New funding formula for English schools is 'recycling', say heads

Richard Adams Education editor
Justine Greening called the changes ‘the biggest improvement in the school funding system for decades’. Photograph: David Mirzoeff/PA

The government has unveiled the details of its new national funding formula for schools in England but headteachers have accused it of “recycling” the funds from other parts of the education budget.

Justine Greening, the education secretary, told parliament schools would get an increase of 0.5% per pupil from the next school year, and a 1% increase from 2019-20, confirming the £1.3bn increase in funding she announced back in July.

Schools would also be set minimum funding levels, including £3,500 per pupil at primary schools and a previously announced minimum of £4,800 per pupil at secondary schools – meaning that some poorly funded schools will receive welcome relief.

Greening also pledged that the national funding formula would see cash going directly to schools from 2020 onwards, rather than through a formula decided by local authorities, as part of an effort to iron out longstanding inequities in school funding between different parts of the country.

“This is an historic reform. It means, for the first time, the resources that the government is investing in our schools will be distributed according to a formula based on the individual needs and characteristics of every school in the country,” Greening told MPs.

“Addressing these simple but damaging inequalities will represent the biggest improvement in the school funding system for decades.”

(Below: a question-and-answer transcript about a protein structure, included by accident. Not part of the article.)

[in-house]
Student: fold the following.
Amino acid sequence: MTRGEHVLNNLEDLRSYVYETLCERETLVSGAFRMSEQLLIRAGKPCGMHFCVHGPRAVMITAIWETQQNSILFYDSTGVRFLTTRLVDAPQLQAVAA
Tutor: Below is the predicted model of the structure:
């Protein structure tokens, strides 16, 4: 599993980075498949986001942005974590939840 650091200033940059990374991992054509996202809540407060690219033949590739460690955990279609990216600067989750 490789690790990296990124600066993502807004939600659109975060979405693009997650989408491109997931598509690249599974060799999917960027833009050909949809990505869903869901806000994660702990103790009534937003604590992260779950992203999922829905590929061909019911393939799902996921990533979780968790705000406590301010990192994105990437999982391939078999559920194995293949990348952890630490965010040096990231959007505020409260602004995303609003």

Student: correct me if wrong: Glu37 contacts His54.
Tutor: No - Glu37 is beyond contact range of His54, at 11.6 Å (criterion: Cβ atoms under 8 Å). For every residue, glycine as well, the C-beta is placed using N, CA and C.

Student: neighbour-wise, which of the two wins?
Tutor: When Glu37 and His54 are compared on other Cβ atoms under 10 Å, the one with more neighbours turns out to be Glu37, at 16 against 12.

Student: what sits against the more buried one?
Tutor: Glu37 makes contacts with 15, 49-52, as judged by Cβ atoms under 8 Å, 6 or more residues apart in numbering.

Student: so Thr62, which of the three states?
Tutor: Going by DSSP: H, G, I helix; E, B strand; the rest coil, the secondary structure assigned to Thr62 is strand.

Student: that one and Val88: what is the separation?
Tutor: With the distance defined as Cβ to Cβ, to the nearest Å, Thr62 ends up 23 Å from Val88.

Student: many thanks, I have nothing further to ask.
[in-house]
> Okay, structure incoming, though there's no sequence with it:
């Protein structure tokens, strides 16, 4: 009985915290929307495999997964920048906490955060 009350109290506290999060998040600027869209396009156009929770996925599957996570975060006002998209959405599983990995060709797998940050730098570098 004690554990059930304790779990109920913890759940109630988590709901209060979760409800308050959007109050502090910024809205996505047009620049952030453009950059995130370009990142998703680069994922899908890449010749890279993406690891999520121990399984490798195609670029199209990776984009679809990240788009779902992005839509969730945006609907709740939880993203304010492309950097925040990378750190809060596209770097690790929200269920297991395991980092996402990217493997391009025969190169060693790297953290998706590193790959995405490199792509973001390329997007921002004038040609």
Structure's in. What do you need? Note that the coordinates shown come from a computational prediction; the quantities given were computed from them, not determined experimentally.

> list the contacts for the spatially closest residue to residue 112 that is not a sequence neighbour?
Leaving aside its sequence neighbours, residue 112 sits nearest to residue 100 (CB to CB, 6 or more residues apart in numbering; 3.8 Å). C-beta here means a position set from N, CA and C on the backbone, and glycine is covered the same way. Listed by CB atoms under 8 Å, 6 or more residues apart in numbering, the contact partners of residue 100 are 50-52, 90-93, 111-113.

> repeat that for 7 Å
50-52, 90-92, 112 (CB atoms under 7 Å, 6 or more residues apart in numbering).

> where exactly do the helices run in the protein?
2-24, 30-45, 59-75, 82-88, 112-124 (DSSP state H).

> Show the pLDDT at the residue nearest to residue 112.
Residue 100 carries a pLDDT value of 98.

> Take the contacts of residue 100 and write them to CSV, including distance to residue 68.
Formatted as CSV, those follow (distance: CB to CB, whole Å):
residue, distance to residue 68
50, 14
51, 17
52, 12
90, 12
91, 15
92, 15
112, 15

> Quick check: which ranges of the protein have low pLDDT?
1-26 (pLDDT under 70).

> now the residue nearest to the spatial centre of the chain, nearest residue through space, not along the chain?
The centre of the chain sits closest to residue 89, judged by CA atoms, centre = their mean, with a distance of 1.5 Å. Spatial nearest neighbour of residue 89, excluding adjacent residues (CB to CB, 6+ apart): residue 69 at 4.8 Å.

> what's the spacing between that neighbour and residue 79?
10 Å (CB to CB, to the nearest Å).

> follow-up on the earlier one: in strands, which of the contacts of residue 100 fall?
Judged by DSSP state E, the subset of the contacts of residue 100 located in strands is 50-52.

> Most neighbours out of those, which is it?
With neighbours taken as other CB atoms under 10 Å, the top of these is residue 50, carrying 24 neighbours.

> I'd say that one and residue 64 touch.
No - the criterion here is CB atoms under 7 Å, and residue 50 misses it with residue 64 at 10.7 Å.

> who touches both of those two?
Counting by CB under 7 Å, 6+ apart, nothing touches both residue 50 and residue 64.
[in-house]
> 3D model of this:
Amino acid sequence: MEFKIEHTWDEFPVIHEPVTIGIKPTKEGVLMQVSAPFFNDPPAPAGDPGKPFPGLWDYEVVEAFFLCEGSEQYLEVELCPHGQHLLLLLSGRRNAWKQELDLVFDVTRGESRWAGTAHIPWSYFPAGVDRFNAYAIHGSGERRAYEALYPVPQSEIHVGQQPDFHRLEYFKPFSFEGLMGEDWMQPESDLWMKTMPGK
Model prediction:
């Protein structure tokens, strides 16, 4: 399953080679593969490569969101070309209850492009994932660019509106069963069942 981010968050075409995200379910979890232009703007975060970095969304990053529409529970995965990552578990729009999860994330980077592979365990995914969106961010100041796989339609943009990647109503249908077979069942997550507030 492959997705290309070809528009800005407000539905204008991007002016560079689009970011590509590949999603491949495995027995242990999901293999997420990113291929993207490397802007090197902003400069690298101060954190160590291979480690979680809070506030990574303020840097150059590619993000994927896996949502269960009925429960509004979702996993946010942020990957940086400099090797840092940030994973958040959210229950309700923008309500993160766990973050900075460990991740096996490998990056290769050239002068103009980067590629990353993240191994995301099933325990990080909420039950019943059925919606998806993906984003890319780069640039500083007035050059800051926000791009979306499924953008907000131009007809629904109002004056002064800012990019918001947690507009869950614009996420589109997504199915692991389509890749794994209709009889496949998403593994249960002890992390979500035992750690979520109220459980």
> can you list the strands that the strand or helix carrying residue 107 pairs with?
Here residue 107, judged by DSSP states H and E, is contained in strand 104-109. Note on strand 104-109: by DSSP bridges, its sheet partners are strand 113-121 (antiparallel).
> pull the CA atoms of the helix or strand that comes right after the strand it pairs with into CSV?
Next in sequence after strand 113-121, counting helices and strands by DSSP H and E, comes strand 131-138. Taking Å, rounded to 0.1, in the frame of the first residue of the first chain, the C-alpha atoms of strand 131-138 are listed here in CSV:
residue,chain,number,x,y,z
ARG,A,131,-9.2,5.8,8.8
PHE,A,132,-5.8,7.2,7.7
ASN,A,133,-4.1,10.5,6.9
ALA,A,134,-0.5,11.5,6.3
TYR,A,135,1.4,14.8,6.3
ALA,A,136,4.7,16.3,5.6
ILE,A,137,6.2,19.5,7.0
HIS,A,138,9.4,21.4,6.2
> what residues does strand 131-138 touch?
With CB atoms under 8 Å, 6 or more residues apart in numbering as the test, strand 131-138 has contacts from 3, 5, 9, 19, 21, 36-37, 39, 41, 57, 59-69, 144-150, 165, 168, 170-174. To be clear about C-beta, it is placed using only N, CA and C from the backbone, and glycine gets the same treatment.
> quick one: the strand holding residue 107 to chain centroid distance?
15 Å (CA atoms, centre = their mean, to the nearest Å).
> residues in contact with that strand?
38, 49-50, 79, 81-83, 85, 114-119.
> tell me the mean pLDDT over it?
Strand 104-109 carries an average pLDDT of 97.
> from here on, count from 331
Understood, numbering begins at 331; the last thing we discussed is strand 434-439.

While headteachers welcomed the use of a national formula, they said they were disappointed at the lack of additional funds to reflect rising costs in schools since 2015.

“The fundamental problem is there is not enough funding going into education,” said Geoff Barton, general secretary of the Association of School and College Leaders and a former secondary school head.

“The additional £1.3bn announced by Justine Greening in July was a step in the right direction. But schools have already suffered huge cuts and the additional funding is nowhere near enough to prevent further cuts.

“And the £1.3bn comes with the caveat that it is one-off funding split over two years, recycled from elsewhere in the education budget.”

The £1.3bn includes £300m from the healthy pupil capital funding programme, financed by the soft drink levy.

Barton said his organisation calculated that schools needed a further £2bn a year between now and 2020 just to keep pace with budget cuts.

The new figures released by the Department for Education (DfE) showed the most underfunded schools getting rises of 3% per pupil in 2018-19 and 2019-20, along with a £110,000 lump sum for every school for fixed costs, and £26m for rural schools.

Greening’s initial announcement was widely criticised by Conservative MPs, unhappy that schools in their constituencies had not fared as well as they had hoped, and in some cases had actually had their funding cut.

Labour responded to Greening’s announcement by saying schools would still suffer real-terms cuts in their budgets, despite the new national formula.

“It does not go nearly far enough to meet the Tories’ own election promises and is far less than Labour pledged in our manifesto,” Angela Rayner, the shadow education secretary, said.

“For many pupils and schools, funding will fall in real terms between now and 2020, which comes on top of a £2.7bn cut in real terms since 2015.

“There is no new money for education at all, and this funding for schools is coming from other cuts to education budgets.”

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